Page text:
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10 telltale signs of financial instability in employees (and effective ways to help!)

With the cost of living increasing, job security becoming uncertain, student loan repayments back, etc. your employees may be financially stressed, and rightfully so! 

Financial stress takes a toll on an individual's personal life and can directly impact their work performance, engagement, and overall satisfaction. 

As a leader, it's important to be aware of the signs of financial distress among your staff so that you can provide the necessary support. 

Let’s dive into the 10 signs to look out for: 

  1.  Increased requests for pay advances: When employees frequently ask for salary advances, it might signal financial struggles.
  2.  More loans from retirement accounts: Employees tapping into retirement funds for immediate expenses is a red flag.
  3. Elevated levels of absenteeism: Financial worries can translate into physical and mental health issues, leading to more absences.
  4. . Reluctance to participate in optional benefits: A lack of engagement in beneficial programs might indicate financial tightness.
  5.  Increased health care claims: Stress-related health issues often result in more medical claims.
  6.  Difficulty with transportation: Struggles with maintaining or affording transportation can be a sign.
  7. Unusual spending patterns: Be aware of any erratic or unusual spending habits observed through expense accounts.
  8. Requests for 401(k) hardship withdrawals: This is a direct indicator of financial distress.
  9. Changes in work performance: Financial stress can lead to a noticeable decline in productivity and focus.
  10. Shifts in mood or behavior: Observe changes in behavior; stress often manifests in subtle yet significant ways.

How you can help

As leaders, acknowledging these signs is the first step. However, just because you’re seeing these things doesn’t necessarily mean your employees are struggling financially, but they should be signals to keep your eyes open and possibly have a conversation with the employee to check in.

But besides that, it's important to have your employees' back while they navigate these changes, by implementing these strategies: 

Open communication: Create an environment where financial struggles can be discussed without stigma.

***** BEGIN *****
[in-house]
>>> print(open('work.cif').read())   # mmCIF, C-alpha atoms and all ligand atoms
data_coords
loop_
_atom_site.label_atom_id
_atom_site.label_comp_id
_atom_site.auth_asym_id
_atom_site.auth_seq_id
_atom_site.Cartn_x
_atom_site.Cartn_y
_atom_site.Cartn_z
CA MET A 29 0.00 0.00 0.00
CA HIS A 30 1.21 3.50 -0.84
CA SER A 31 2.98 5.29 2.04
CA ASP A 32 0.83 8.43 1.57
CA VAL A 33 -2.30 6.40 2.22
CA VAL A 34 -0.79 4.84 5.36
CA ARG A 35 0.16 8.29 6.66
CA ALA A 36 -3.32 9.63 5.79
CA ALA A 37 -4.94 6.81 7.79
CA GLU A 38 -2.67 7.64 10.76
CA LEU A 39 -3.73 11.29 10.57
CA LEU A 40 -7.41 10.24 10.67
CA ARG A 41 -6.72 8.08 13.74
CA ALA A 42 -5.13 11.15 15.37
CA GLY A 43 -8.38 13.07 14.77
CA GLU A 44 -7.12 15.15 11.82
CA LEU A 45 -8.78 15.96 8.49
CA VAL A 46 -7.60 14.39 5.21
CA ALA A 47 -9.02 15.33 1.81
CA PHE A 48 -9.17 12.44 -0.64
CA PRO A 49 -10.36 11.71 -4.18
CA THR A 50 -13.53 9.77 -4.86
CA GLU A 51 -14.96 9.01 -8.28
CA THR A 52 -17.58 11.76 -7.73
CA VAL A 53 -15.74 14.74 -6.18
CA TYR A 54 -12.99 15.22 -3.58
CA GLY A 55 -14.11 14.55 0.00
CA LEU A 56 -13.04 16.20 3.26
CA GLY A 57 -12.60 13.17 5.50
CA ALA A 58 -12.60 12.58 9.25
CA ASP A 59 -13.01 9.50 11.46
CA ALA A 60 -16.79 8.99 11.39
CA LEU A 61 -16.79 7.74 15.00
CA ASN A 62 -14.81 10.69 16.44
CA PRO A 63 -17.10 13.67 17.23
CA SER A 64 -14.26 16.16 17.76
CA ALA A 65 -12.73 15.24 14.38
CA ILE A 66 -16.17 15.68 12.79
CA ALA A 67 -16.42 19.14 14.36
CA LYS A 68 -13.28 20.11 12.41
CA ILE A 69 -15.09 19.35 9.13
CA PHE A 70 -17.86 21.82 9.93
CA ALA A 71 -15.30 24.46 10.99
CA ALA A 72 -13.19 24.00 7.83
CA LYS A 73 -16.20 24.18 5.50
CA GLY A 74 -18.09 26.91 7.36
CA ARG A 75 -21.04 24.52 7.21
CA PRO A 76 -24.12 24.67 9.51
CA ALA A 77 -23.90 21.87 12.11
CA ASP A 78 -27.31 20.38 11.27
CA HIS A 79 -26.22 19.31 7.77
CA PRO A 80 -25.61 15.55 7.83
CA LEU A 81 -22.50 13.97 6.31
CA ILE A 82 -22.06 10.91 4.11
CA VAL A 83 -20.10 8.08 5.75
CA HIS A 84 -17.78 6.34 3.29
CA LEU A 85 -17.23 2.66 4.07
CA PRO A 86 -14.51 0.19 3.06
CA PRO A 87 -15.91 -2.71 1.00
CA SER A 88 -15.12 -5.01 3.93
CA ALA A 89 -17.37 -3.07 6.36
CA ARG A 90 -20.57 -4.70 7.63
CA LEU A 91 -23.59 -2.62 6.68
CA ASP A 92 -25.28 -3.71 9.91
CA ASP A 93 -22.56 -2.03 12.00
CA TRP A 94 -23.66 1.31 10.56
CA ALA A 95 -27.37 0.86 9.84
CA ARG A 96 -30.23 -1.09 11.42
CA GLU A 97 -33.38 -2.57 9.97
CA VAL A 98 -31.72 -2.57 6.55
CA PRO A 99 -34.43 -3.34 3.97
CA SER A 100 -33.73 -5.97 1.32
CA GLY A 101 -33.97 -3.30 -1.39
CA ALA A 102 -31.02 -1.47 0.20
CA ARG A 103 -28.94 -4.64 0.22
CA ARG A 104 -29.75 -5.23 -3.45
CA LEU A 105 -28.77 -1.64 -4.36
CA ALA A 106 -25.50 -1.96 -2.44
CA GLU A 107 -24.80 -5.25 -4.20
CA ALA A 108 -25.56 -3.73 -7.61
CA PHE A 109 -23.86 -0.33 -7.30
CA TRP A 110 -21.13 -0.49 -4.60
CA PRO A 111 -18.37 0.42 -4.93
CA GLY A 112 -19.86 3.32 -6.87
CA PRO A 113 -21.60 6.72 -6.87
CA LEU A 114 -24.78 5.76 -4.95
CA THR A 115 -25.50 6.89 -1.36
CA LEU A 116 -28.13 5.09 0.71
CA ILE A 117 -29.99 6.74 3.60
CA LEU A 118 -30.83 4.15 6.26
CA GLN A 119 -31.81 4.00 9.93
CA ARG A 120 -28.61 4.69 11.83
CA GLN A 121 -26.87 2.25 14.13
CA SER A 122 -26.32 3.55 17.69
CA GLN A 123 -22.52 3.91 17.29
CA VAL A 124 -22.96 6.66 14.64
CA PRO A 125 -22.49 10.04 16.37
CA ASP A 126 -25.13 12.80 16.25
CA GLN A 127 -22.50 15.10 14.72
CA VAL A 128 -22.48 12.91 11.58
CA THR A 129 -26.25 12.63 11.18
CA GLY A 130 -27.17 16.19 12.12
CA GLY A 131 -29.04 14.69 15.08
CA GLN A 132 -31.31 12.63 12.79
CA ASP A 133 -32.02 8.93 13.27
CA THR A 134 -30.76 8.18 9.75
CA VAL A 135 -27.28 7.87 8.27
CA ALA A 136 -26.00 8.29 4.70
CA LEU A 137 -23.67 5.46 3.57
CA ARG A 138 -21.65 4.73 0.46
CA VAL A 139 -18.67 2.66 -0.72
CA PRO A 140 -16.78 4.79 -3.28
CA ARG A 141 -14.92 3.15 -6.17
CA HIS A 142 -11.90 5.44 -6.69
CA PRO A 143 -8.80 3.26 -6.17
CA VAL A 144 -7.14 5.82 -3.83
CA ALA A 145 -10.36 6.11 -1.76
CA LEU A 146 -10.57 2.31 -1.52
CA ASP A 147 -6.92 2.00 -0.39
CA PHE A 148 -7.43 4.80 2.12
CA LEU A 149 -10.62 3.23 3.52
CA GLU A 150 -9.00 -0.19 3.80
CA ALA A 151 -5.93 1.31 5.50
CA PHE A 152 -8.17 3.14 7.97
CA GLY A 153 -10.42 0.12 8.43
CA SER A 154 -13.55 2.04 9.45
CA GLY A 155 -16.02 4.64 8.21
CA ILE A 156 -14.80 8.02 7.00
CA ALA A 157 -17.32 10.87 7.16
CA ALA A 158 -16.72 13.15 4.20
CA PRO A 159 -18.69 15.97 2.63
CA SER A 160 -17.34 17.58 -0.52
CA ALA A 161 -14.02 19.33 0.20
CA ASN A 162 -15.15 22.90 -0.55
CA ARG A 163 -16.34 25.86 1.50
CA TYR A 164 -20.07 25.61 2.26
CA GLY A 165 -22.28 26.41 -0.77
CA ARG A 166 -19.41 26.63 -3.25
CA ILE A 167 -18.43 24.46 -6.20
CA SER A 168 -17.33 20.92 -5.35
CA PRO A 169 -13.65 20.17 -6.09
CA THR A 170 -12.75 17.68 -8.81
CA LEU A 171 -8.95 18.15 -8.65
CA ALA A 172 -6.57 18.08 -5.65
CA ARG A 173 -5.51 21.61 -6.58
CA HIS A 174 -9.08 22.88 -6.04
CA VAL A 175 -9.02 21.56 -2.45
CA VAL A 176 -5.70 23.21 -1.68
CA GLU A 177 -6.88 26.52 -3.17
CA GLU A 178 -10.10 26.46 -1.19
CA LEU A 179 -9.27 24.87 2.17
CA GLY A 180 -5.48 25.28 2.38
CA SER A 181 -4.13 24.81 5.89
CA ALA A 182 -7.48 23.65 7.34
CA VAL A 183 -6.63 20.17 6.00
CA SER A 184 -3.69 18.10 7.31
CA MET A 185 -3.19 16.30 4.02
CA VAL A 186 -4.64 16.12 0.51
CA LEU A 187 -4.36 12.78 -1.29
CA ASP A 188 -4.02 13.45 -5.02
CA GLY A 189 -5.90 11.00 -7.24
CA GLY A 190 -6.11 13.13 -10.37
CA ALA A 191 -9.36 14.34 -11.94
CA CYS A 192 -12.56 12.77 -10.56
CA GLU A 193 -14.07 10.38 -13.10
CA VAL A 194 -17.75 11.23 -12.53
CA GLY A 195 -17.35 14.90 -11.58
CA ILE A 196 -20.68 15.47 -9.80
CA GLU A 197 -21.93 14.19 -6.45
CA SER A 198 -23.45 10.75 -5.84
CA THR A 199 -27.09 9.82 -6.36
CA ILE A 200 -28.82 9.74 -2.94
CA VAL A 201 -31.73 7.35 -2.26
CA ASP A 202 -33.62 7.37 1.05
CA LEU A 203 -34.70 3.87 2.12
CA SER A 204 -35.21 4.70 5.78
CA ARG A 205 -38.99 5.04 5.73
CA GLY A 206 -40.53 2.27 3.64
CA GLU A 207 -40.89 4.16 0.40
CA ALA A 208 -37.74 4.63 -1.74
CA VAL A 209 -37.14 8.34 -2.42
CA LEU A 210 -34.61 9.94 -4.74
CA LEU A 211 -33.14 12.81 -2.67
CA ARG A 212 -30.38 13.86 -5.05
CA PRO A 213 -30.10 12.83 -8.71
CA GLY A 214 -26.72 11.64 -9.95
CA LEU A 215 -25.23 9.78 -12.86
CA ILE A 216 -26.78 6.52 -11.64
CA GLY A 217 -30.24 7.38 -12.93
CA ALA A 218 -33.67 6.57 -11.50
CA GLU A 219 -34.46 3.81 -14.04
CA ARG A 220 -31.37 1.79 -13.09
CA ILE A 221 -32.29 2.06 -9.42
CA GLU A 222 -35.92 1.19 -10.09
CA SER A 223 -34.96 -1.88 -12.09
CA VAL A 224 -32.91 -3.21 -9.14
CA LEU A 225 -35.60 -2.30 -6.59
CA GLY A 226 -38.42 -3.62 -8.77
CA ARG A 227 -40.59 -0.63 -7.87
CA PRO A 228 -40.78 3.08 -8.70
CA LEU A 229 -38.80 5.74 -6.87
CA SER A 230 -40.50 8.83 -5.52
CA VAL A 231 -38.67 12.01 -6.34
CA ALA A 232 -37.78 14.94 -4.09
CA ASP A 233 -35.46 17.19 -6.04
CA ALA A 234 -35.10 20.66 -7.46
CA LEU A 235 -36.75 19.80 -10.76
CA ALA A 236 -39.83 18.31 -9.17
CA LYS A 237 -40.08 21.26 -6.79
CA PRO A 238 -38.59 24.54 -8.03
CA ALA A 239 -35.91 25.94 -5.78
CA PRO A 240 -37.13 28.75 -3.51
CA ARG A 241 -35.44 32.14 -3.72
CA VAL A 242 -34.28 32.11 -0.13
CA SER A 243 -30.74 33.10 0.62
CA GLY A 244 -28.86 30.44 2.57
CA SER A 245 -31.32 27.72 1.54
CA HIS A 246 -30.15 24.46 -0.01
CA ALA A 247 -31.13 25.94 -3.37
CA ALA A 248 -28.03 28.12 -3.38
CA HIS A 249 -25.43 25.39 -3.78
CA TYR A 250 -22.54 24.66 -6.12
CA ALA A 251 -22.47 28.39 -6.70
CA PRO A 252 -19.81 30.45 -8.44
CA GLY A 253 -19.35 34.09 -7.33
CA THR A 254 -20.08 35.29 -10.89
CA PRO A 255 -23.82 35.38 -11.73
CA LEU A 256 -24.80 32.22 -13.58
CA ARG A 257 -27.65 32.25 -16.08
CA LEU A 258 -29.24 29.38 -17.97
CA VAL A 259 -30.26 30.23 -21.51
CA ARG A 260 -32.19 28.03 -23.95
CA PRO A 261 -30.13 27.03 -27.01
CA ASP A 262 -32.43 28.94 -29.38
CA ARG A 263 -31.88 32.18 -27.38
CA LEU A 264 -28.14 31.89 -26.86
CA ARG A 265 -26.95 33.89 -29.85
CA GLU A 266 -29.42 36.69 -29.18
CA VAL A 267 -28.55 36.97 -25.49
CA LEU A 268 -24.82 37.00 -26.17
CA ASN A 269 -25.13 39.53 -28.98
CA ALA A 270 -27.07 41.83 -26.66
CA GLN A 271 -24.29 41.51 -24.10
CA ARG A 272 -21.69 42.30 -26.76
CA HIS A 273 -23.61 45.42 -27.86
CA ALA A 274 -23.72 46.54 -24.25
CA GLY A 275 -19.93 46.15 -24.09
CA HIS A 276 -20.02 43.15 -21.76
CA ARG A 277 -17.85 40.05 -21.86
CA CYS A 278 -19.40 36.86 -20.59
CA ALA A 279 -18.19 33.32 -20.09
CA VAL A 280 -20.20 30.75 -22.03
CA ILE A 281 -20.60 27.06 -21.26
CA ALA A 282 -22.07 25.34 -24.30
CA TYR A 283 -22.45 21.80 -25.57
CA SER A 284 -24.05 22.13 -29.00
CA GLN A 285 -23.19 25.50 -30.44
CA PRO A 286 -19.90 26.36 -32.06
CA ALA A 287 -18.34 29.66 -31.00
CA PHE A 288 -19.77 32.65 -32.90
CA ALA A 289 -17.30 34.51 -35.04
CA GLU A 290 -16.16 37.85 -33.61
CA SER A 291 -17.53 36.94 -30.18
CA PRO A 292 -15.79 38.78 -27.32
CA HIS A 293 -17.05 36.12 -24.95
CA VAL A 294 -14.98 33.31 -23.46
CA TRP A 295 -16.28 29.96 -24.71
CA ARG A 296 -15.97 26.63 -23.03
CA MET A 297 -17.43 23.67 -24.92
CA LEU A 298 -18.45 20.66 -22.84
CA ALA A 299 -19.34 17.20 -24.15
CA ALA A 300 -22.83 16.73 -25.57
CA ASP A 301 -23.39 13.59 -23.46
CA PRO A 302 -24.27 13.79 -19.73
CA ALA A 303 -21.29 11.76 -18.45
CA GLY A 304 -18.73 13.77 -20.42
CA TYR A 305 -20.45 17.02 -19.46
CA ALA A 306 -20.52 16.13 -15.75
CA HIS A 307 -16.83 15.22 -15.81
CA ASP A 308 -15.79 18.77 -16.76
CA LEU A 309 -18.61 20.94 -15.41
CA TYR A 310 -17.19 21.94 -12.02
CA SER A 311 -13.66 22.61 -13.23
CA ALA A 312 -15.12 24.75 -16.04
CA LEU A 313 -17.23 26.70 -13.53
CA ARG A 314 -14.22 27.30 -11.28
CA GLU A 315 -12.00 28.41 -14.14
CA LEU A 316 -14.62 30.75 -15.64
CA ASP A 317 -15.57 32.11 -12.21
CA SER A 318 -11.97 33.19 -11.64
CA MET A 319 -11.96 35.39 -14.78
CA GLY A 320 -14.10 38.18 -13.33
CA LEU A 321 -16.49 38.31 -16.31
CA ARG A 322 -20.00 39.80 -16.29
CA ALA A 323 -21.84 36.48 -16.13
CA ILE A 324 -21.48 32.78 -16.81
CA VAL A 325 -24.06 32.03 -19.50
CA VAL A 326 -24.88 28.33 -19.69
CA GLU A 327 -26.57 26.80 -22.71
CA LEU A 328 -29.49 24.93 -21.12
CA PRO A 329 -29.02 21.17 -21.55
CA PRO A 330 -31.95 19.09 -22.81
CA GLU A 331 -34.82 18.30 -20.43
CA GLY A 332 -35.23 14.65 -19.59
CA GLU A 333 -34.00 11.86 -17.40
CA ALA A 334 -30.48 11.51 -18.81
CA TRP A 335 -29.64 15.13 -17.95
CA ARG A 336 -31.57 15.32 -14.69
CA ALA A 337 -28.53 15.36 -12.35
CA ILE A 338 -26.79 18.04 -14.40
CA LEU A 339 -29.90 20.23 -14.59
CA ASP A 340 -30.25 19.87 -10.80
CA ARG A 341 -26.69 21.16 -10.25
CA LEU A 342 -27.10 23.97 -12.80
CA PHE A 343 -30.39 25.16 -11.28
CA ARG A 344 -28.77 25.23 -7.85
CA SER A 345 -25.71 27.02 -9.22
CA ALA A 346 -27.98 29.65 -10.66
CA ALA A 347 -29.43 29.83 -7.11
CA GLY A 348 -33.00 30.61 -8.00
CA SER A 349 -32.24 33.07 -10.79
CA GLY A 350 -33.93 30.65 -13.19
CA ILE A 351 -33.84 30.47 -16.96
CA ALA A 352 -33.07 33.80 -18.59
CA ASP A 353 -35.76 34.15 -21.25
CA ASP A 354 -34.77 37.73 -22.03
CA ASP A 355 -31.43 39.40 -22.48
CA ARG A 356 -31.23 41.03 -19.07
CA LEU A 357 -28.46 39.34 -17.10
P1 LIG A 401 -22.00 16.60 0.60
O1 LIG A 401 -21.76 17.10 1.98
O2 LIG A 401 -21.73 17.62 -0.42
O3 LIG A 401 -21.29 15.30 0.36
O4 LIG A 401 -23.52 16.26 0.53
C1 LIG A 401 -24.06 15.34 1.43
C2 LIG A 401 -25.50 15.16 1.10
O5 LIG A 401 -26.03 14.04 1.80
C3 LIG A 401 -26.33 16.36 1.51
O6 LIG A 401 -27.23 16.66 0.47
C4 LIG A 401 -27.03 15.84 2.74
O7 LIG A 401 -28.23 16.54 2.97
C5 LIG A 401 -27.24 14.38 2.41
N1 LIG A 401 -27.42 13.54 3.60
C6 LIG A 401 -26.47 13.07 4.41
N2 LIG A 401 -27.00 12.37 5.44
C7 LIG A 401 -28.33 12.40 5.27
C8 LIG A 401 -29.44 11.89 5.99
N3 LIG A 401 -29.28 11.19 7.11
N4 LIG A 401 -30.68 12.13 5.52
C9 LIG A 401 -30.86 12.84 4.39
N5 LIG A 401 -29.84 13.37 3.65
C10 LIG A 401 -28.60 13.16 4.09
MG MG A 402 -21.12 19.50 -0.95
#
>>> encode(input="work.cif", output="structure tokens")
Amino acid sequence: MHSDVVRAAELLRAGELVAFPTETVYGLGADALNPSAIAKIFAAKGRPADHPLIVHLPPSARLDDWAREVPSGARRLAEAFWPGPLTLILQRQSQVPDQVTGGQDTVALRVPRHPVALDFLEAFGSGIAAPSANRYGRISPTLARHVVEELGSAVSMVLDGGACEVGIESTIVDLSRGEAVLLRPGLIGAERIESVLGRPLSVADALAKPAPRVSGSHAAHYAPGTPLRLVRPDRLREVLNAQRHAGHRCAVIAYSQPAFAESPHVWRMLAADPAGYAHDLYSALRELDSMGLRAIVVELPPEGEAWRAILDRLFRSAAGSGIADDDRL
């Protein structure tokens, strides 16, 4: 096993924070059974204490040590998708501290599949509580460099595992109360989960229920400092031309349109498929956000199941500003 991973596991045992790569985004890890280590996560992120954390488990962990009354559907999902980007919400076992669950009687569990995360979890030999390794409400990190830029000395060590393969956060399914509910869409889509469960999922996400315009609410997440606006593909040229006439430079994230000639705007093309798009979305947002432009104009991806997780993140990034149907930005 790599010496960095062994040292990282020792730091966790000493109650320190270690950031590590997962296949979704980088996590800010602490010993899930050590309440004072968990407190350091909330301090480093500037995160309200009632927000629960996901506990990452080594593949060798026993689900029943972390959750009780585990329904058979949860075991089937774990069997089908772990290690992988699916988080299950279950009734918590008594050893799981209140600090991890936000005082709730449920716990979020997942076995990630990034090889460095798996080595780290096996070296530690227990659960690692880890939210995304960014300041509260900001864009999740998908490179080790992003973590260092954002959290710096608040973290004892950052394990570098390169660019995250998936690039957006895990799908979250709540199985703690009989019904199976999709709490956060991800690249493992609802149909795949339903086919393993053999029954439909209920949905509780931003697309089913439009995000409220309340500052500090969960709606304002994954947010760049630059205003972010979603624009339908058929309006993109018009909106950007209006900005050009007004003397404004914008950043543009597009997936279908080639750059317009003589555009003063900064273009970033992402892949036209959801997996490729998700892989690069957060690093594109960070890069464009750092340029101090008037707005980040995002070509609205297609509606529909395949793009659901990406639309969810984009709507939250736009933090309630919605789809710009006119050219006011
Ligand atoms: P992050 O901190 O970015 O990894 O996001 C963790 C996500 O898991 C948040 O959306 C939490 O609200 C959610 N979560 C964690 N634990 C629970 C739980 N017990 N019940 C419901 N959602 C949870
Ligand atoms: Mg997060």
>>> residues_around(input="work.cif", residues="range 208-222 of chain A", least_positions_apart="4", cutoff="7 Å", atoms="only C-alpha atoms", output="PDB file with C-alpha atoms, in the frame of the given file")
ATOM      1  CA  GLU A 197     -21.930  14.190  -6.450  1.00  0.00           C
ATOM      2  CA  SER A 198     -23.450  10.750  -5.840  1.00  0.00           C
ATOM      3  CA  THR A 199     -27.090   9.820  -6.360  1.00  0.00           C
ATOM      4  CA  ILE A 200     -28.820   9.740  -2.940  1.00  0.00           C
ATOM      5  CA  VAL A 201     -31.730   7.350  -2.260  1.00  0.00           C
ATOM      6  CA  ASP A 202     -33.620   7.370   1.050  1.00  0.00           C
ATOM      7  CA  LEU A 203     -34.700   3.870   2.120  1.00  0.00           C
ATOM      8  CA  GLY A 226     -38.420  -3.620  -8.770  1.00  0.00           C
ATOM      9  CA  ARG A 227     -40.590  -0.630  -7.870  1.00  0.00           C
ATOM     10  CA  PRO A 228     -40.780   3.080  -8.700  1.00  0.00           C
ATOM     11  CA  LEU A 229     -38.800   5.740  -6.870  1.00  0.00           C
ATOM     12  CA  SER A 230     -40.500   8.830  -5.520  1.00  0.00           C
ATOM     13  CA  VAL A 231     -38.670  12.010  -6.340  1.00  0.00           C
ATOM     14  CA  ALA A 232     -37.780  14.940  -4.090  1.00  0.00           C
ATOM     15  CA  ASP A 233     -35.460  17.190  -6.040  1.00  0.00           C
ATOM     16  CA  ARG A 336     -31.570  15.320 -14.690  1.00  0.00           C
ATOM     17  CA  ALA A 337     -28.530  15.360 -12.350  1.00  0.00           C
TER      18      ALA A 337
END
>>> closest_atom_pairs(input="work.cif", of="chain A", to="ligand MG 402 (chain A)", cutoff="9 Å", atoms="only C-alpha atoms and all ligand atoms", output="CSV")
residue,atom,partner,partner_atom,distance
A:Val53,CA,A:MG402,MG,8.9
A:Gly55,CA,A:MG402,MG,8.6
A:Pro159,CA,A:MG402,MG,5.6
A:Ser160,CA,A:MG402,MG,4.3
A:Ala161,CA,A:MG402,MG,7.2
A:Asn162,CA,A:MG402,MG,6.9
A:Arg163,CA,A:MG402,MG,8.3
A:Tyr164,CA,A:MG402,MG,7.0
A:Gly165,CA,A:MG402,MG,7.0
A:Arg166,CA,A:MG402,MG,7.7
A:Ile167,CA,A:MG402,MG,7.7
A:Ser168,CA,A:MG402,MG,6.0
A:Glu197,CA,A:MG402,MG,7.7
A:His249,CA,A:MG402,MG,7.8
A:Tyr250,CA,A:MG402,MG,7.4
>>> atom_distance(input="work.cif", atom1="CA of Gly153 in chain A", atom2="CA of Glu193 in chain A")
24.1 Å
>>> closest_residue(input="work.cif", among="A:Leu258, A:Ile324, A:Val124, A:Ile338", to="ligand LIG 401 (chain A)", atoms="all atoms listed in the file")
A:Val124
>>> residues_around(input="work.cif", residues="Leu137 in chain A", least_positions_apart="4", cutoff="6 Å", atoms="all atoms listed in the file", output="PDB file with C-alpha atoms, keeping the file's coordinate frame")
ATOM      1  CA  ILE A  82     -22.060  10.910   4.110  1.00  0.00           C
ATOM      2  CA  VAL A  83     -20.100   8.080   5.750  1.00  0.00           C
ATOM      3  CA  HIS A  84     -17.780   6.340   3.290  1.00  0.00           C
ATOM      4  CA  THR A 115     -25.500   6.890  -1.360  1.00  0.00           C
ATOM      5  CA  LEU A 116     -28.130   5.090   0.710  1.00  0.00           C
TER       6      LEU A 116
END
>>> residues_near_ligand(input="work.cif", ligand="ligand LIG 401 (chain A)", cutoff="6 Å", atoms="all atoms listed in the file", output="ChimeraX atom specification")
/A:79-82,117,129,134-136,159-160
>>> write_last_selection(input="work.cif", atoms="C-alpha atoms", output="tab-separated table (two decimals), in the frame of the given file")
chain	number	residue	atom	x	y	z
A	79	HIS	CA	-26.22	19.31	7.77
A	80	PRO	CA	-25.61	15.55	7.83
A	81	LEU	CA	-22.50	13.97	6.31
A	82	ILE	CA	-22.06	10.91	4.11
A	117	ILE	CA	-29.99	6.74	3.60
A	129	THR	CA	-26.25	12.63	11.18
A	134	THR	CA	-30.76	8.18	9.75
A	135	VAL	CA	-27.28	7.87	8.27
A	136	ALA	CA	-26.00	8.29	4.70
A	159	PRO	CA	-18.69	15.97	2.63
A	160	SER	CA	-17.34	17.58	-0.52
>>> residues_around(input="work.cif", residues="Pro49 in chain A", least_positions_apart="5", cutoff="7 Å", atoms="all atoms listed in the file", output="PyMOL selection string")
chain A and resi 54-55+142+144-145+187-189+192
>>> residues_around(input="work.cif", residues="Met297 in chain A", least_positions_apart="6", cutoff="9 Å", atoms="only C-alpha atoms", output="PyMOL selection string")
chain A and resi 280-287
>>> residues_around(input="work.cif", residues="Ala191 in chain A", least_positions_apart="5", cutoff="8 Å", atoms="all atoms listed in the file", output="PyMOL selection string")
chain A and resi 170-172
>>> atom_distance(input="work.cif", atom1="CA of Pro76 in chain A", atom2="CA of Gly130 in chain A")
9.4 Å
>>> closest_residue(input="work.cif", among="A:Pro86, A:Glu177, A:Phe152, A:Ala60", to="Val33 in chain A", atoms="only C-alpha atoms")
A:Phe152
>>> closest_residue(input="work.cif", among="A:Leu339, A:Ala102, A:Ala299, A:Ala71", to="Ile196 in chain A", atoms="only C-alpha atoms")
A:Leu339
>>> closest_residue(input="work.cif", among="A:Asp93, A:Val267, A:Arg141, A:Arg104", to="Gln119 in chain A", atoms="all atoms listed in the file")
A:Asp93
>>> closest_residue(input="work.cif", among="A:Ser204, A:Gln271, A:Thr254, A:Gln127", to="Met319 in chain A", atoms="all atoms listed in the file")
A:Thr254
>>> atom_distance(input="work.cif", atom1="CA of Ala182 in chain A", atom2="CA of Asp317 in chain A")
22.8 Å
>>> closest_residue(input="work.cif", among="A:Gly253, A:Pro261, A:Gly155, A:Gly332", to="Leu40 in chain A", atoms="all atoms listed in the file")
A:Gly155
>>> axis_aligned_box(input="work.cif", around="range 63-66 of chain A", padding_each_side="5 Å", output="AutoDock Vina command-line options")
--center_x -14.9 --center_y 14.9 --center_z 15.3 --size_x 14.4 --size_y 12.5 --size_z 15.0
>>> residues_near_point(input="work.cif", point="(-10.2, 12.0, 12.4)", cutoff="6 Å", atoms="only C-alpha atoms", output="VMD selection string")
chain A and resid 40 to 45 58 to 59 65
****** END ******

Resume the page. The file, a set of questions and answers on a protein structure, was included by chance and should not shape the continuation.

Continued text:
• Leadership: Encourage leaders and managers to openly discuss financial wellness, setting a precedent that it's a safe and important topic.
  • Awareness campaigns: Regularly conduct seminars, workshops, or informational sessions highlighting the importance of financial health and the company's commitment to supporting it.
  • Feedback channels: Establish anonymous feedback mechanisms where employees can express their concerns or needs regarding financial issues.
  • Success stories:¬† Share anonymous success stories of employees who have overcome financial challenges with the help of company resources to inspire and encourage others.

 Financial wellness programs: Implement programs to educate and assist employees in managing their finances.

  • Educational workshops: Offer workshops or webinars on topics like budgeting, debt management, retirement planning, and investment strategies.
  • Partnerships with experts: Collaborate with financial advisors or institutions to provide expert guidance and resources to employees.
  • Online resources:¬† Develop a portal with tools and resources for financial education, including calculators, articles, and tutorials.
  • Continuous learning: Regularly update and add to the programs to ensure they stay relevant and useful.

 Flexible Benefits: Tailor benefits to meet the diverse financial needs of your staff.

  • ¬†Customizable packages: Allow employees to choose from a variety of benefits that best suit their individual financial situations, such as childcare support, transportation allowances, or health savings accounts.
  • Regular assessments:¬† Conduct surveys or one-on-one meetings to understand the evolving financial needs of your workforce.
  • Diverse offerings: Ensure that the range of benefits caters to different age groups, family structures, and financial goals.

Personalized support: Offer one-on-one financial counseling for those who need it. 

  • Access to financial coaches: Provide access to professional financial counselors who can offer personalized advice.
  • Confidential sessions: Ensure these counseling sessions are confidential to encourage participation.
  • Integration with wellness programs: Make financial counseling a part of the broader employee wellness program, emphasizing its importance for overall well-being.

Encourage saving: Promote saving habits and provide tools for financial planning.

  • ¬†Savings plans: Introduce or enhance employee savings plans like 401(k) with matching contributions to encourage long-term saving.
  • Financial planning tools: Offer access to financial planning software or tools that help employees set and track financial goals.
  • ¬†Incentives for saving:¬† Create programs that reward or recognize employees who reach certain savings milestones or participate in financial wellness activities.
  • Regular communication: Use newsletters, emails, and meetings to share tips on saving and highlight the benefits of financial prudence.

Keep in mind that when your employees are financially stable, they tend to be more productive and engaged. By spotting the warning signs of financial troubles and offering the right assistance, you can help your overall well-being outside of work and contribute to a healthier and better workplace culture.

Let's work together to build a financially sound and thriving workplace. Watch a demo today!